GONE FOR GOOD

Harlan Coben, Author
Harlan Coben, Author . Delacorte $23.95 (352p) ISBN 978-0-385-33558-4
Reviewed on: 04/01/2002
Release date: 04/01/2002
Hardcover - 978-1-58724-227-4
Mass Market Paperbound - 420 pages
Compact Disc - 978-0-7366-8694-5
Hardcover - 480 pages - 978-1-4104-0087-1
Hardcover - 978-0-7528-5244-7
Hardcover - 384 pages - 978-0-7528-4604-0
Compact Disc - 978-0-553-71298-8
Analog Audio Cassette - 978-0-553-71297-1
Mass Market Paperbound - 978-0-440-29604-1
Paperback - 387 pages - 978-1-4091-1708-7
Downloadable Audio - 1 pages - 978-1-4159-5107-1
Compact Disc - 978-0-7393-2212-3
Open Ebook - 432 pages - 978-0-307-42298-9
Hardcover - 400 pages - 978-1-4072-0703-2
Mass Market Paperbound - 420 pages - 978-0-345-53305-0
Open Ebook - 1 pages - 978-1-299-02028-3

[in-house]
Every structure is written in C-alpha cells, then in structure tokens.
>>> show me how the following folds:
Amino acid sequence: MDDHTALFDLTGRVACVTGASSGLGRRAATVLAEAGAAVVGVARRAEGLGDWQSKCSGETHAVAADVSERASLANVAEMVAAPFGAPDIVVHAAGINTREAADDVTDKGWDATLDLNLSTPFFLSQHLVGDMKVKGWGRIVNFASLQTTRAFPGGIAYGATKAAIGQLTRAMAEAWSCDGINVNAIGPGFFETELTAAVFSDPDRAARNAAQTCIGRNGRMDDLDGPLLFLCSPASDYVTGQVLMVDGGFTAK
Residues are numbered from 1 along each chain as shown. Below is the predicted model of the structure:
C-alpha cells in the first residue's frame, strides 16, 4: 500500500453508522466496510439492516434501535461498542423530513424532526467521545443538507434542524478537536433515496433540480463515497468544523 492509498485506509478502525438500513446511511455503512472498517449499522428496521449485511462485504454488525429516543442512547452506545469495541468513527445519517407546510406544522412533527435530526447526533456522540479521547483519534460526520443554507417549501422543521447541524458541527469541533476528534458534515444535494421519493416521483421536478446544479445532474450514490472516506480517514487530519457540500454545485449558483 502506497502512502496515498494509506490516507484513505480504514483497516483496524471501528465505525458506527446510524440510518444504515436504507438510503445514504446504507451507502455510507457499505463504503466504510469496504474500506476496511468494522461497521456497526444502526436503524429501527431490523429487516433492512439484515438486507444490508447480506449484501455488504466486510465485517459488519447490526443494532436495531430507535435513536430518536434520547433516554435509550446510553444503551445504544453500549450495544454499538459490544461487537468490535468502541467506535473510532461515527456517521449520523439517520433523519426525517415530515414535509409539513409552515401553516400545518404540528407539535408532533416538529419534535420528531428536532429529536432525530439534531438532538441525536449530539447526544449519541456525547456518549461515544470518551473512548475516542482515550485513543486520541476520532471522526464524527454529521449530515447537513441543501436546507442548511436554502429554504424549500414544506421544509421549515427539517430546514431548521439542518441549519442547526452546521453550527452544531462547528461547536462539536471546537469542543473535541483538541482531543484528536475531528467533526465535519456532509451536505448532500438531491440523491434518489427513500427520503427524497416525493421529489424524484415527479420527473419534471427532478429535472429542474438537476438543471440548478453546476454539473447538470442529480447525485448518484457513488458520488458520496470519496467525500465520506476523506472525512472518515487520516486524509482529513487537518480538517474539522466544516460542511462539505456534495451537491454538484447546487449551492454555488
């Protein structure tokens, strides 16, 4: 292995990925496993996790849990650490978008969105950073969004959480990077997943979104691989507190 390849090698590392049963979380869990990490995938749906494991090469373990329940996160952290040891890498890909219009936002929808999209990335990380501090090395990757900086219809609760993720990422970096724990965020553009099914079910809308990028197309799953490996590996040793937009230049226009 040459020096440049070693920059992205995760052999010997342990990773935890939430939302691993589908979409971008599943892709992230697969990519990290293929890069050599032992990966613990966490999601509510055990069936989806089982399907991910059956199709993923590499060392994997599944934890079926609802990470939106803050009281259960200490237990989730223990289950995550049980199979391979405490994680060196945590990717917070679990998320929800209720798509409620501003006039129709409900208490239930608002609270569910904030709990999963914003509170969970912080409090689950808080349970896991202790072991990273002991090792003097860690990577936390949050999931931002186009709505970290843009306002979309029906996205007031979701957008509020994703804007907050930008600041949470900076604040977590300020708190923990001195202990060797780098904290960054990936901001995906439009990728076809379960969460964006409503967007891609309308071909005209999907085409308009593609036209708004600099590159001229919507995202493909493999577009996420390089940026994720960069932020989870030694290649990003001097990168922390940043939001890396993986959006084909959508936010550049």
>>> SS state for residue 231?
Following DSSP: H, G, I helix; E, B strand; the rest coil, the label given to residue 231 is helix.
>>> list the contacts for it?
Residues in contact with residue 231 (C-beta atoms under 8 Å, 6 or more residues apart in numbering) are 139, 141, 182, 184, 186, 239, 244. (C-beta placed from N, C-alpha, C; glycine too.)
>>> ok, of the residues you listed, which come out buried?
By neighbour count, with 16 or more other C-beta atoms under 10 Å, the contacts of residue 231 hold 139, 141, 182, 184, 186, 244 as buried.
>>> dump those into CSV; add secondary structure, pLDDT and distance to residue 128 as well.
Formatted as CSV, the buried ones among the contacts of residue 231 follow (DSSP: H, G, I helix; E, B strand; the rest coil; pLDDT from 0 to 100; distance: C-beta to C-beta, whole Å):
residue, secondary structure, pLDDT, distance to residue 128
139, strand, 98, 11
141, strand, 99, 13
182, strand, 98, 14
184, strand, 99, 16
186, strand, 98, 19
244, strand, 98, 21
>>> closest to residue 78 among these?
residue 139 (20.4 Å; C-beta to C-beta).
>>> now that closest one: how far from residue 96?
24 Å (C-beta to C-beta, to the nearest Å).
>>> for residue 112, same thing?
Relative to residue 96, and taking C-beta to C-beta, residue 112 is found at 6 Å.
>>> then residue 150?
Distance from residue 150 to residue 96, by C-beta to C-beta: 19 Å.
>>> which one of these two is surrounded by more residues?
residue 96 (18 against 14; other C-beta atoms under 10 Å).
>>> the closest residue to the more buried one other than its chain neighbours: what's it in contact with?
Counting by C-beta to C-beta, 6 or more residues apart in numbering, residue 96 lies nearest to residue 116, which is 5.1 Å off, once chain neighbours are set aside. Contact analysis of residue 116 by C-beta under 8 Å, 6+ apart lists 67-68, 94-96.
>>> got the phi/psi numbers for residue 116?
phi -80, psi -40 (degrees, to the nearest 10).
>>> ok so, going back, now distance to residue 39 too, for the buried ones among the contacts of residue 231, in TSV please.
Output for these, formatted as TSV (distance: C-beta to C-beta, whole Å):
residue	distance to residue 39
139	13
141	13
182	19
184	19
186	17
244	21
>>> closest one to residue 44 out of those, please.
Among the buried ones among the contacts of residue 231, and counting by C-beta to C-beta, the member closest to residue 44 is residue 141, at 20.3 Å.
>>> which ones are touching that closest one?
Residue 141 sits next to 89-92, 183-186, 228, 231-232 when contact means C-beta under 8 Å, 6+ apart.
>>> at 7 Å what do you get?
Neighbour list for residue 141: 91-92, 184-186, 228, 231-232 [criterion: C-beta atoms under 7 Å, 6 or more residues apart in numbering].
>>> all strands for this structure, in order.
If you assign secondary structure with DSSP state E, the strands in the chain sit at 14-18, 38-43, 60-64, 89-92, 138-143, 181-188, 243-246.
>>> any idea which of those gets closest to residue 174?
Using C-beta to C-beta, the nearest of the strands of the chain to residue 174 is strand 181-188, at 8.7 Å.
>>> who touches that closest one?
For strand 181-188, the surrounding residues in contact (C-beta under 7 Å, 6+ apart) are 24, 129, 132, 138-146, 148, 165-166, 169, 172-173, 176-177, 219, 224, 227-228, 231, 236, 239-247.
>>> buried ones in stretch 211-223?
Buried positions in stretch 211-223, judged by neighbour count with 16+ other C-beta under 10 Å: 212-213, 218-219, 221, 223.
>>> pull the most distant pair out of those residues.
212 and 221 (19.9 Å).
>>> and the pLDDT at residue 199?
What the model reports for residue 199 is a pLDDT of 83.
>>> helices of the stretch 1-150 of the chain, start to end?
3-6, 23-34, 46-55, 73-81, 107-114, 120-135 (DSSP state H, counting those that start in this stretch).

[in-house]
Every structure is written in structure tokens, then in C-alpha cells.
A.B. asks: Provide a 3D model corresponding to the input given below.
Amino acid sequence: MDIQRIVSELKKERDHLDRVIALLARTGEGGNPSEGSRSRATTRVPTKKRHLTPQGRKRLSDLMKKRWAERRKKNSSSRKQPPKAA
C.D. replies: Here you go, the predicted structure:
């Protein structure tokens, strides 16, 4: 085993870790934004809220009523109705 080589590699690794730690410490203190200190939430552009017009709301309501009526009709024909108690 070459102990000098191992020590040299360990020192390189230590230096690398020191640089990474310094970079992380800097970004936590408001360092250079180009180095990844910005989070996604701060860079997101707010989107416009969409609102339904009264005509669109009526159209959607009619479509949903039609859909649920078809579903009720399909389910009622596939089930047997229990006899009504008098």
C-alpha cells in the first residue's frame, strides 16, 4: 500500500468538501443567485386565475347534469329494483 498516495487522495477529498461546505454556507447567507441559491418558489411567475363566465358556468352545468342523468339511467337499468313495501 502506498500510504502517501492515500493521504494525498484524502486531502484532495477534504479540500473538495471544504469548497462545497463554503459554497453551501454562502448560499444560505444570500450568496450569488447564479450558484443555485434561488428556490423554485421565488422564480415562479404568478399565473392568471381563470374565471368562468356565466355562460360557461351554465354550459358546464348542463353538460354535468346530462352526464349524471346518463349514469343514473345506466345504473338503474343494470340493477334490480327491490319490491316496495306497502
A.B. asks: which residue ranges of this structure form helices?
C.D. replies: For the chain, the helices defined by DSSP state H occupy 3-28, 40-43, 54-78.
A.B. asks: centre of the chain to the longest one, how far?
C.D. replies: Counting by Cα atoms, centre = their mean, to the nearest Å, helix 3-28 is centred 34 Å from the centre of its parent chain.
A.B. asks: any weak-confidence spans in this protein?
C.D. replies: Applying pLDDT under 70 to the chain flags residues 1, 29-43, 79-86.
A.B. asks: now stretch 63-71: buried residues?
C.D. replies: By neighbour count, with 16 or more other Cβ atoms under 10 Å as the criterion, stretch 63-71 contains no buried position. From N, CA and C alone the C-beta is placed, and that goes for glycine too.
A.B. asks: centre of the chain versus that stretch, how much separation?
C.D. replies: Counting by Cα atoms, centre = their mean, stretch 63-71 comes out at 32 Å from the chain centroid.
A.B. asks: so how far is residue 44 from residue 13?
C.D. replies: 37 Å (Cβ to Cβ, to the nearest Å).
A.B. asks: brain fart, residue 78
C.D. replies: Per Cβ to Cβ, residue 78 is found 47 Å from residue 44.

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"We never forget our first love. Mine ended up being murdered." Newcomers and fans alike will know they're deep in Coben country with the author's ninth book, in which a counselor of runaways with his own history of broken hearts and death finds himself caught in a web of lost identities, forgotten nemeses and smoldering grudges. Will Klein was a nice Jewish boy from a nice Jersey suburb until his ex-girlfriend was found strangled next door and his brother became an international fugitive. Eleven years later, as his mother succumbs to cancer, Will gets the deathbed confession that his brother, Ken, is alive; around the same time, his girlfriend, Sheila (herself a runaway with a "murky past"), disappears and a neighborhood psycho called the Ghost resurfaces. Will is yanked into an FBI investigation via his friend Squares (a yogi whose forehead tattoo carries multiple meanings), which jumbles up the aforementioned cast of characters with another mystery occurring in the Midwest. True to form, Coben keeps the plot twists coming fast and furious, and readers will give up trying to guess the outcome quite early on; yet the book's entertainment value lies less in its plot than its characters. From the New York streetwalker Raquel ("Many transvestites are beautiful. Raquel was not. He was black, six-six, and comfortably on the north side of three hundred pounds") to Belmont, Neb.'s Sheriff Bertha Farrow ("Murder scenes were bad, but for overall vomit-inducing, bone-crunching, head-splitting, blood-splattering grossness, it was hard to beat the metal-against-flesh effect of an old-fashioned automobile accident"), this title delivers. (Apr.)

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